What was it like working with Darius?
It was hard at times. Darius can be a little stubborn.
Is that something you’ve learned comes with Aspergers or is that Darius himself?
People on the autism spectrum tend to really like structure and routine. Because they’re so rigid with rules, if you break any of the rules there’s a big problem. Let’s say you’re with a kid that has Aspergers and every day at 5 o’clock you take him to go get a slice of pizza and then one day you say, “Hey, we can’t go today because the car’s not starting,” that kid will go nuts. They’ll be like, “We have to go at five! We always go at five!” That’s why Darius likes trains. They run on a schedule. They’re supposed to run the same lines at the same times. So when that schedule is changed, that’s when people on the spectrum can be difficult to work with. I knew a little bit about Aspergers before. I knew they had some trouble socially, but Darius is definitely on the more mild end. I’ve even talked with some psychiatrists and psychologists that don’t even believe Darius has Aspergers but other things like personality disorder and other things that may account for his behavior which shows just how much grey area there is in psychological diagnosis.
It sounds like that grey area may be what’s hindering him from beating his case.
I think that’s part of it. A friend of mine that’s a psychologist believes the reason they’re not really getting anywhere with his criminal case by using Aspergers as an excuse is because there are so many people that have Aspergers that love trains that do not steal them. It’s not an excuse for stealing the vehicle. There’s obviously other mental health issues that are going on, unrelated to the Aspergers, and they’re not focusing on that and they should be, because that’s really the root cause. If they say, “Well the Aspergers, that’s why he’s doing it,” then anyone with Aspergers can go around and do whatever they want and get away with it. People with Aspergers do know the difference between right and wrong, that’s why it’s generally not considered mental illness from the criminal perspective, so it’s kind of tricky.
Is there some flat out lack of diagnosis going on?
There is, and I would say the lack of diagnosis is mostly tied to Darius being Black. I learned this from interviewing people for the documentary. They said because Darius grew up in Queens in the 70s and 80s as an African-American, in a fairly working class community, no one knew what Aspergers was. He went to school and dealt with social workers and teachers that were not on the cutting edge. These were communities that were not getting the funding and the services to properly diagnosis people like Darius. They thought he was a troubled kid or had behavioral problems and they thought he needed to be punished. If he was a white kid in the suburbs at that time, they would have known right away that Darius had Aspergers and he wasn’t acting out. They would have known he just saw the world differently and that he needed structure. He needed his love of trains to be embraced in a legal way and not treated as this escape from reality. That’s kind of part one of where race comes in and of course, part two is with the criminal justice system. Being sentenced by white judges, white parole officers and so forth he isn’t getting treated the same way he would if he was just a skinny kid from the suburbs who was really into trains.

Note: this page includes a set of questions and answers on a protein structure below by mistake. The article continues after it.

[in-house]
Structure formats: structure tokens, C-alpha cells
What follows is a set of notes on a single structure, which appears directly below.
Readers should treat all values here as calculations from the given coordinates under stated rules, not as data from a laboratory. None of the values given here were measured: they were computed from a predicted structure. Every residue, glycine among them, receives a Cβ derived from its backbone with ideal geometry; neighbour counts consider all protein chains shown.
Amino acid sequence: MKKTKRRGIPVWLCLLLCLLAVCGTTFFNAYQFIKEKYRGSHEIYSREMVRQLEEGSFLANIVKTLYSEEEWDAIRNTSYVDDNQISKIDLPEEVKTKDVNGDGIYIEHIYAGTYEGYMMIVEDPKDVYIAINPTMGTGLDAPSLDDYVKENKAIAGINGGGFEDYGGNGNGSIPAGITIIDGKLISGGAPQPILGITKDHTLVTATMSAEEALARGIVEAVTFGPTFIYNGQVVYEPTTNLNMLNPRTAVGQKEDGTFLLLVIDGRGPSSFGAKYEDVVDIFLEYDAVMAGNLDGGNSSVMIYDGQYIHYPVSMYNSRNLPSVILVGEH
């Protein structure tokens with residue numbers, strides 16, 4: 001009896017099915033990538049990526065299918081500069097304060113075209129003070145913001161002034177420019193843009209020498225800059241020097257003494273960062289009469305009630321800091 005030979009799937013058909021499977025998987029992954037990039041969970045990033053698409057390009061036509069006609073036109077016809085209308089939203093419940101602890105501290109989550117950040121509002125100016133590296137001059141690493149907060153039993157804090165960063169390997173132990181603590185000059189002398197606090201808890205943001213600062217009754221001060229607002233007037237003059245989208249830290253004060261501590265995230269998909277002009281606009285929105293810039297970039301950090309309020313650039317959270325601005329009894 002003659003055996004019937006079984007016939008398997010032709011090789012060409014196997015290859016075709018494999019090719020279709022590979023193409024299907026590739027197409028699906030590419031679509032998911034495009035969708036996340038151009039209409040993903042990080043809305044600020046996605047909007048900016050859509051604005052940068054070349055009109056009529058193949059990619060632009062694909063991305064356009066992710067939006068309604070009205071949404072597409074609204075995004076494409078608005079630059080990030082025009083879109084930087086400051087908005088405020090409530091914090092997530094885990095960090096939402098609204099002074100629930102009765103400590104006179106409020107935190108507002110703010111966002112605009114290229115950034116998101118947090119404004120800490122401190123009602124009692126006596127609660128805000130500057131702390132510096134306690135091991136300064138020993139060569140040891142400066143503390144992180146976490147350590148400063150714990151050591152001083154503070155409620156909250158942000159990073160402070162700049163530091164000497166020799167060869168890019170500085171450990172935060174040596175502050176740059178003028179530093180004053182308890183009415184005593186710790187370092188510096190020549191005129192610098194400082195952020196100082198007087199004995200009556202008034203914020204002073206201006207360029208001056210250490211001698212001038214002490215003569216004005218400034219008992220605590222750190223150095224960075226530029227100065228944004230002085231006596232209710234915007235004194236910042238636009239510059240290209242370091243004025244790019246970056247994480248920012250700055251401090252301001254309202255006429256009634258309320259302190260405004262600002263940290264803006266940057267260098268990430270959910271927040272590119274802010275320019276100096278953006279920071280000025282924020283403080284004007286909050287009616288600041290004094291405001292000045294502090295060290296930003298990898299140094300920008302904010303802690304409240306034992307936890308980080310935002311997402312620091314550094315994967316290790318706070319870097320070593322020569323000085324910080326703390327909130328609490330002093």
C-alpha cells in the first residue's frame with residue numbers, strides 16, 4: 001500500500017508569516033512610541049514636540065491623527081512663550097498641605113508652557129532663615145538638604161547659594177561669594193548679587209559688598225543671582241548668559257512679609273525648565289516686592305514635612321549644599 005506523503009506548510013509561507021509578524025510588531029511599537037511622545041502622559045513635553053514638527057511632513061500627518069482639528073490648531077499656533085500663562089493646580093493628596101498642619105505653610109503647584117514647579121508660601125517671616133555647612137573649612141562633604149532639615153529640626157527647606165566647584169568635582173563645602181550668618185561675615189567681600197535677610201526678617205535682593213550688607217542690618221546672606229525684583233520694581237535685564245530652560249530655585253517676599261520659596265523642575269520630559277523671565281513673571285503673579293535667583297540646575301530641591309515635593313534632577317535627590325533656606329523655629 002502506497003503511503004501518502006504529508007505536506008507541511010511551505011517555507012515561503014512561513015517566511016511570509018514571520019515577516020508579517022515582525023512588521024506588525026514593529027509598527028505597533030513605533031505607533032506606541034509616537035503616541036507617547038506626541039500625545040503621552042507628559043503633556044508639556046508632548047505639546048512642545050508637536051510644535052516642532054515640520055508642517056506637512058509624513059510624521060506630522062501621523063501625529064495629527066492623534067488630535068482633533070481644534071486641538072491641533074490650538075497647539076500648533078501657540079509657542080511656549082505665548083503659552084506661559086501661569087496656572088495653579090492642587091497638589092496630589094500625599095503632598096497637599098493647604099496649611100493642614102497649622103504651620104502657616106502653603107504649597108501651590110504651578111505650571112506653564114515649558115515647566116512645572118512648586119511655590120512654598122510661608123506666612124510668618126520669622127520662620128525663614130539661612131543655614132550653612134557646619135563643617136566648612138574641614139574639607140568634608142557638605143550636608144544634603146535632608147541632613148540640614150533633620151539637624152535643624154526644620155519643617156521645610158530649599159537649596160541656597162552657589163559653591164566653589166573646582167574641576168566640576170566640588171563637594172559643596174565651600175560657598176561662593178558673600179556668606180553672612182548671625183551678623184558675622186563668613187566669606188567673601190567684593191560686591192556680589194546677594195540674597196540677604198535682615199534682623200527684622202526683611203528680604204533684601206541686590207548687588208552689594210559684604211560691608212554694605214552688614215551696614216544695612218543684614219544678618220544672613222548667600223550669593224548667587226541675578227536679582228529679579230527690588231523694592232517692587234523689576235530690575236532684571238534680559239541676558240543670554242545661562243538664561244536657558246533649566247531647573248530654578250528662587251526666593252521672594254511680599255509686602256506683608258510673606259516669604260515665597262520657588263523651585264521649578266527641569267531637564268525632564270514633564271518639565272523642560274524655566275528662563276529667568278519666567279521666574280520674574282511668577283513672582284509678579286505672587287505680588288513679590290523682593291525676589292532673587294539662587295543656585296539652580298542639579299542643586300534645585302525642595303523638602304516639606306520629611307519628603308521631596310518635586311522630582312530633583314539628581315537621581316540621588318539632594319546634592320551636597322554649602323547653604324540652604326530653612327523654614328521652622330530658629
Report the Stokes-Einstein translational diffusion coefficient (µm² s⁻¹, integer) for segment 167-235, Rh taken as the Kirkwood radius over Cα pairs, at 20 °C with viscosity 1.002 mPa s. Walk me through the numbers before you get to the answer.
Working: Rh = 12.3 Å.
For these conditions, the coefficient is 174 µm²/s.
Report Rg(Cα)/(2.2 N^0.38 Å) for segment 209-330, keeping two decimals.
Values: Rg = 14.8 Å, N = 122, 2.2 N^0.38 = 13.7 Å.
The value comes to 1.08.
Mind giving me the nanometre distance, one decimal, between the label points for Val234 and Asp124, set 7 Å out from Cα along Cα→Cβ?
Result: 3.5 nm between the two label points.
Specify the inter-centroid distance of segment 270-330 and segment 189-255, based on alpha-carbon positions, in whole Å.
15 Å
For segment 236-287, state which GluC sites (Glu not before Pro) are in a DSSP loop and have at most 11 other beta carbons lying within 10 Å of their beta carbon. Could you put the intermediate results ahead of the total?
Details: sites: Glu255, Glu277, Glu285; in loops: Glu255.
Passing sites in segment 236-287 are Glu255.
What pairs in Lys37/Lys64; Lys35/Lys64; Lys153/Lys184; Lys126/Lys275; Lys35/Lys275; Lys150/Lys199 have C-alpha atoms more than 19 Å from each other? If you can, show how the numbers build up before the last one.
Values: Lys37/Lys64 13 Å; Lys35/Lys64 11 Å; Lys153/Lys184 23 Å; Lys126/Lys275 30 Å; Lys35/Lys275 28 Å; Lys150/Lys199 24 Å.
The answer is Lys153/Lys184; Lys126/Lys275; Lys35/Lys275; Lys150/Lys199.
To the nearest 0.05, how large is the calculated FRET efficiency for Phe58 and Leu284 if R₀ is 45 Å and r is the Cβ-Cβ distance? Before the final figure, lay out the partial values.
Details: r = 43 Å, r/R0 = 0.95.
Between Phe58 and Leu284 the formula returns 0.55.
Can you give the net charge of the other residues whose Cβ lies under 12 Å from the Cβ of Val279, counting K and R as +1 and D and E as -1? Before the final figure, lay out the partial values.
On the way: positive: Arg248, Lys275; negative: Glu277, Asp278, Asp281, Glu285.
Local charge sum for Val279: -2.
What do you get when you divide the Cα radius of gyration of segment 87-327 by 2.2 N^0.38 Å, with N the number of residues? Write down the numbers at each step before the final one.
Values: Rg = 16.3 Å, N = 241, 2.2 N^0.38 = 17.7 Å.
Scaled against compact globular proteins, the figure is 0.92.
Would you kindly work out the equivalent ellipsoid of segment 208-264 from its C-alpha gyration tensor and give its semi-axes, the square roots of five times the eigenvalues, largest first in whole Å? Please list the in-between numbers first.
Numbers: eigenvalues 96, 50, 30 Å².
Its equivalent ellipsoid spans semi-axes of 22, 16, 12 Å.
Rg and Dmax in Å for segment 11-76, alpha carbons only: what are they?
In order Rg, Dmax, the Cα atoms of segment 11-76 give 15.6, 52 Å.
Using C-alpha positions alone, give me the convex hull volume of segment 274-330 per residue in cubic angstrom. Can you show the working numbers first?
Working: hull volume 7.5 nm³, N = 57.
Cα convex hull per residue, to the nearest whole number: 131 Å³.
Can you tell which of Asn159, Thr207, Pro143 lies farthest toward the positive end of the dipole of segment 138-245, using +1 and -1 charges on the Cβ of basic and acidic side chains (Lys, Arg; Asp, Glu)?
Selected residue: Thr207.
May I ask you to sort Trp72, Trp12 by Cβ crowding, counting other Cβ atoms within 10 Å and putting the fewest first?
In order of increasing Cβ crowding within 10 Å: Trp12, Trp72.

Do you think all of this is why he could never get that job with the MTA?
I don’t know if that’s it though. He embarrassed the MTA with his actions so I think the last thing they want to do is give him a job. They’re mad at him. I don’t know if you know this but they are trying to sue him to get money from him that he may be getting for the Julia Roberts movie.
Hold on, the Julia Roberts movie?
So there’s a Hollywood production company doing a film on Darius’ life and they have cast Julia Roberts as the role of Sally Butler, Darius’ lawyer. They haven’t cast Darius or hired a director yet but the film is fully financed as of a month ago and it’s going to start filming in the fall. It’s going to be a full movie that will focus on the courtroom drama instead of his entire life. In the state of New York there’s a law called the Son of Sam law, named after the famous Son of Sam serial killer that Spike Lee did a movie about, and this law states a criminal in New York isn’t allowed to profit financially from their crimes through any movie, TV show, book, play, etc. Because Darius is going to get some money from the movie, the MTA is trying to take that from him through this law. Not only is the MTA not giving him a job, they’re taking money away from him that doesn’t belong to the MTA, it belongs to Darius. He earned it by having an interesting life.
Make sure to pay attention to the rising action of this trial that is currently going on and keep an eye out for the feature film coming soon starring Julia Roberts. We all have our fingers crossed in hope for the best possible outcome for Darius and all involved.